We’ve all heard the simple view on diabetes: “Just watch your carbohydrate intake to keep your blood sugar and insulin levels down.” While it is important to take into consideration your carbohydrate intake, when it comes to diabetes, looking at the bigger picture of food and biochemical individuality can help bring you to an even greater level of vitality.
1) It’s not just about the quantity of carbohydrates; it’s also about the quality of carbohydrates.
You can eat 30 grams of carbohydrates from leafy greens, colorful vegetables, legumes, and fruits (in moderation). You can also eat 30 grams of carbohydrates from bread, cereal, pasta, potato chips, and sugary foods. Despite both being 30 grams of carbs, these different choices of carbohydrates act a LOT differently in the body. The latter foods break down much more quickly in the body, and raise blood glucose levels much greater than eating real, whole foods. Real, whole foods contain antioxidants, vitamins, minerals, and fiber, which is especially helpful in blunting sudden spikes in blood glucose (Hagander, Asp, Efendić, Nilsson-Ehle & Scherstén, 1988).
2) Balance your blood sugar by balancing your meals.
I remember a chemistry experiment from my school days where we added three different chemicals into a jar. Suddenly, they interacted and created a different chemical with a different consistency and different properties. Food is very much like this in the body. Mixing foods creates different chemistry in the body, which is why eating colorful produce, healthy fats, and protein at every meal is critical. This balance of healthy carbs, fats, and proteins will balance blood sugar, enhance all antioxidants in the body, and feed all the various components of your body that affect sugar levels.
While we’re on the topic, let’s talk more about carbs, protein, and fats.
Examples: Colorful vegetables, starchy carbs, fruits, legumes/beans, and non-gluten grains like buckwheat, quinoa, oats, etc.
When it comes to carbs, diversity and color are critical to pump the body full of antioxidants and phytonutrients. The more colorful vegetables you eat, the greater amount of amino acids, or proteins, too. This is how some triathletes can get away with being vegan, because their body is able to make all essential amino acids from eating abundant produce.
Also, just because starchy vegetables like potatoes and yams are higher in glycemic load (GL), which measures how much a certain food/amount raises blood sugar, it doesn’t mean you can’t include them in a balanced meal. For example, if you eat a small amount of starchy carbs along with a green leafy salad, chopped vegetables, olive oil/lemon juice for dressing, and pumpkin seeds and sunflower seeds on top for added protein, the total meal will have a low glycemic load and low effect on blood sugar.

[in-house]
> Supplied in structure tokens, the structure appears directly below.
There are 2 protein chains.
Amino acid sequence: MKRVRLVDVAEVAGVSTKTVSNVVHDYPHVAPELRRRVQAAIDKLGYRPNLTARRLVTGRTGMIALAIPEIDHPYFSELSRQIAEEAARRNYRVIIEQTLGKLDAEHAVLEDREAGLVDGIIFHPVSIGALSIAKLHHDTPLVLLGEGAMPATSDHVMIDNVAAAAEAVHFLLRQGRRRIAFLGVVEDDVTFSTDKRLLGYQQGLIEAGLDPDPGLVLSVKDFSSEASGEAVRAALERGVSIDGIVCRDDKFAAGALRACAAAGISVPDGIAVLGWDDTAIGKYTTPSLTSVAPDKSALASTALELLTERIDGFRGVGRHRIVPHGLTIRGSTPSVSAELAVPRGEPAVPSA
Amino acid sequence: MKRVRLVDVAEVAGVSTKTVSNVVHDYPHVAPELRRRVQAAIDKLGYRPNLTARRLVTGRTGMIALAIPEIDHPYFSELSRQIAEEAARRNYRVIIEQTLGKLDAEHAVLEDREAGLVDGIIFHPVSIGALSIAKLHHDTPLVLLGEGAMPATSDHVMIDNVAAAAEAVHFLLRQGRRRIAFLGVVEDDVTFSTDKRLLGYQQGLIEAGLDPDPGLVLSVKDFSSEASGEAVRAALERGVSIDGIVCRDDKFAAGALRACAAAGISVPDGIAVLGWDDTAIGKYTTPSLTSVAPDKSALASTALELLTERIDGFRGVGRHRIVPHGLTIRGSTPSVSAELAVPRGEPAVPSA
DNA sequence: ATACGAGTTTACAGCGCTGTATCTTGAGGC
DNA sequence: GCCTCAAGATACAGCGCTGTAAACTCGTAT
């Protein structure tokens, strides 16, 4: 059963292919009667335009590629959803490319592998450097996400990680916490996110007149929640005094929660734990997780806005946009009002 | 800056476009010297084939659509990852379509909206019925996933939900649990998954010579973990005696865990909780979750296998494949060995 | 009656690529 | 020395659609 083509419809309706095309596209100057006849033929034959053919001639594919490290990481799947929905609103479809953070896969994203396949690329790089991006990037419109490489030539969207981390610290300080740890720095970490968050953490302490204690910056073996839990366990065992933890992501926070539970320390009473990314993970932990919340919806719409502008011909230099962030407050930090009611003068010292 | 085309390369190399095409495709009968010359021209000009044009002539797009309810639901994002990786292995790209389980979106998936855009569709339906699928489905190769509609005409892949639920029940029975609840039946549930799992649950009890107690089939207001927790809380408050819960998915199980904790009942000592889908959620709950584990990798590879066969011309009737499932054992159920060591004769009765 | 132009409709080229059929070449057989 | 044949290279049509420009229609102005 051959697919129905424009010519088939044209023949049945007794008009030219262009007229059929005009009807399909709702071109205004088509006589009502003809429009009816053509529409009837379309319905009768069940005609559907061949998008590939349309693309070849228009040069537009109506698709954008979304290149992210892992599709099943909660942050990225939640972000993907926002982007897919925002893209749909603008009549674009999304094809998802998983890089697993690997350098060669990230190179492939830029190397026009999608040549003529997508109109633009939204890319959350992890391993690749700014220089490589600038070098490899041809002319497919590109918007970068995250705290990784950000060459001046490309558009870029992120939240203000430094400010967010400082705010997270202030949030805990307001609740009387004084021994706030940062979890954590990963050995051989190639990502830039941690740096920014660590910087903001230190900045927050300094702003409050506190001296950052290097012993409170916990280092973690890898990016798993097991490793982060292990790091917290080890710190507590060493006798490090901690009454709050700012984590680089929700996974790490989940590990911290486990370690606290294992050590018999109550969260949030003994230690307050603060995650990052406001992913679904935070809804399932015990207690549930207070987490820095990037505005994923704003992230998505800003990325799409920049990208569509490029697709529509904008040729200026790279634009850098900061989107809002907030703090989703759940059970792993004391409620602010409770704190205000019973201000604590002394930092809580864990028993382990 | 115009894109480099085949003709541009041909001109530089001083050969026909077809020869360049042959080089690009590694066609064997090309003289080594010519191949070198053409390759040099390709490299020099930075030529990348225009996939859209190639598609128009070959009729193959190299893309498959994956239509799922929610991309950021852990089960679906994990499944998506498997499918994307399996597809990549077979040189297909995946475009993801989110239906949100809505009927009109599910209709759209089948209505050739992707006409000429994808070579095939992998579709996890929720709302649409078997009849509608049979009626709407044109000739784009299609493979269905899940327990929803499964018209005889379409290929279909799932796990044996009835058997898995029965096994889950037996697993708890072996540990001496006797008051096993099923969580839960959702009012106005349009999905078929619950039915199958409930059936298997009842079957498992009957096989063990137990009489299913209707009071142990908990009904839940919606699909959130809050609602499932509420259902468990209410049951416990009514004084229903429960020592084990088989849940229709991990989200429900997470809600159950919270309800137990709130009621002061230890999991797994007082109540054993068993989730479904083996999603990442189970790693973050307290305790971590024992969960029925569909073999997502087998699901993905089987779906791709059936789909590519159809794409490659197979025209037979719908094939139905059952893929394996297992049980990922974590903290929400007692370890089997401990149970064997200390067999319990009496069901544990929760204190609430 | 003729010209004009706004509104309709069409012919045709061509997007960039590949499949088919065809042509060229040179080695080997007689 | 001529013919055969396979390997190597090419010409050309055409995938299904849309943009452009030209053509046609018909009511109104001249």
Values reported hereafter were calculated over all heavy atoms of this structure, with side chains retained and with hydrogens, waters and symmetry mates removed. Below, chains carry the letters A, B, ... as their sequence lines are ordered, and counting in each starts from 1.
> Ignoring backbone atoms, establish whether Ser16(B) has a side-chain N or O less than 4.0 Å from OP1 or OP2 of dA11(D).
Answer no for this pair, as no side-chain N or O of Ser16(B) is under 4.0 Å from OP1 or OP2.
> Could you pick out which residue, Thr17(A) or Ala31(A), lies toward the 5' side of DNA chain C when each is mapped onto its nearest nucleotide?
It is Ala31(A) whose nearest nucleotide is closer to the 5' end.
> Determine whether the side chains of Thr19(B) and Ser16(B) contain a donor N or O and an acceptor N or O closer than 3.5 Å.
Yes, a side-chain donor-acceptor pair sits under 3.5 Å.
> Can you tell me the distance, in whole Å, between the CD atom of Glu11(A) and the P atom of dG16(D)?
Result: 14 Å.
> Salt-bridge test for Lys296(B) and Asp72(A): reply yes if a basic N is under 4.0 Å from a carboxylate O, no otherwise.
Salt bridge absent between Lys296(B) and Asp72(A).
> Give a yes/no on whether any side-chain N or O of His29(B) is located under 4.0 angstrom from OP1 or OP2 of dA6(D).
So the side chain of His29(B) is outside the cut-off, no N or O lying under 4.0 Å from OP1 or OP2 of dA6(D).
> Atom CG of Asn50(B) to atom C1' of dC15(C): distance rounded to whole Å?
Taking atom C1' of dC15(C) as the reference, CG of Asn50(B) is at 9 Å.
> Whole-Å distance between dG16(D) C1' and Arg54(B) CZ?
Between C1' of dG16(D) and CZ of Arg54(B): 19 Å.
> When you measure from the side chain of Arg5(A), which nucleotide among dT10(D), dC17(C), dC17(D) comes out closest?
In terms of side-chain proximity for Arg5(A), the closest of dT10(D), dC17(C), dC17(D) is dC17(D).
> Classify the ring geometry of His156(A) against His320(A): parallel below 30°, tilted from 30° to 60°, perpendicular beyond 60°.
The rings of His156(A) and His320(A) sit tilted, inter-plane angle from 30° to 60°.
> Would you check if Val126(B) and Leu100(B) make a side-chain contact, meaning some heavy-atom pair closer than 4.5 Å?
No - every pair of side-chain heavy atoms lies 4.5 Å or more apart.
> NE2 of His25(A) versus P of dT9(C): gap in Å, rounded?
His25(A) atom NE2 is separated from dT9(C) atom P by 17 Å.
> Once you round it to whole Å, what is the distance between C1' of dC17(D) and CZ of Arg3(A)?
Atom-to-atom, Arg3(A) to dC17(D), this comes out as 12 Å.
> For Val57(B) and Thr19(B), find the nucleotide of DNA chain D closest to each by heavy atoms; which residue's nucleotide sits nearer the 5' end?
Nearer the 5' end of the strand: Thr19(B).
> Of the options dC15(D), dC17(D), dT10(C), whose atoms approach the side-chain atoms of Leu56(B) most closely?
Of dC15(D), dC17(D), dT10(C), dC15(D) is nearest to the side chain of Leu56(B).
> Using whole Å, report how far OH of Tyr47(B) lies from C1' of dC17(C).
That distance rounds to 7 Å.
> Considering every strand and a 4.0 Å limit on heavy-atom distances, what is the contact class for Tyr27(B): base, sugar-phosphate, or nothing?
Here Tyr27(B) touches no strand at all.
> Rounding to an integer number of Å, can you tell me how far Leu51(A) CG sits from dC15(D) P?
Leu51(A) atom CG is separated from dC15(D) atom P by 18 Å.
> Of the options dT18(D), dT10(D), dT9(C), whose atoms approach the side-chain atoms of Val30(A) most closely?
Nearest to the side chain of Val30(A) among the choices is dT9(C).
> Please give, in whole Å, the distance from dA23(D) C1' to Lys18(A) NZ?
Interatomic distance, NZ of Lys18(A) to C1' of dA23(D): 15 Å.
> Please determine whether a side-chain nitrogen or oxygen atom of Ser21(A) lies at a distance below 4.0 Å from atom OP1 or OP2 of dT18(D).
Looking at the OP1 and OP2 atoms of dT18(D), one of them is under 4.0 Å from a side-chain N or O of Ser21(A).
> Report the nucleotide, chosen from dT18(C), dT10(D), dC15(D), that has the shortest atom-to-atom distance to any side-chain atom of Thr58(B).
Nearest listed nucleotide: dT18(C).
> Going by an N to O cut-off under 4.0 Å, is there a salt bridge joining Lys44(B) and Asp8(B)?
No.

Examples: Eggs, organic poultry and fowl, grass-fed beef, organic soy, wild-caught fish, hemp seeds, plant-based protein powders, etc.
Speaking of protein, it should be a staple at every meal to help balance blood sugar, especially at breakfast (Nuttall, Mooradian, Gannon, Billington, & Krezowski, 1984)! Generally, a piece the size of your palm is enough to balance out a meal. How much protein do you really need, though? It’s all a matter of unique biochemical needs based on physical activity, current health status, gut health, and genetics. Protein needs do change, too. For example, if you’re in a stressed state – whether physically, spiritually, or emotionally – your body’s requirement for protein goes up, as it’s a powerful repair molecule.
Note: Many proteins are very hard to digest, absorb, and utilize. These include pork, whey protein powders, fried meats, and even milk. Also, do refrain from eating a meal heavy in protein before bed, though, because it’s hard on the digestive tract and liver. These systems need to rest and rejuvenate at night, and have a powerfully positive effect on blood sugar regulation when they do.
Examples: Avocadoes, olives, nuts and seeds, olive oil, grapeseed oil, coconut oil, wild-caught fish, etc.
Similar to protein, it’s crucial to consume an adequate amount of fat at every meal to blunt the blood sugar release. In America, this is one area that is easy to underdo due to the looming 1970’s FDA fat phobia. Healthy fats are vital for the brain, bones, heart, skin, hormones, cellular communication, etc. Thankfully, this appears to finally be changing (as seen in articles like this!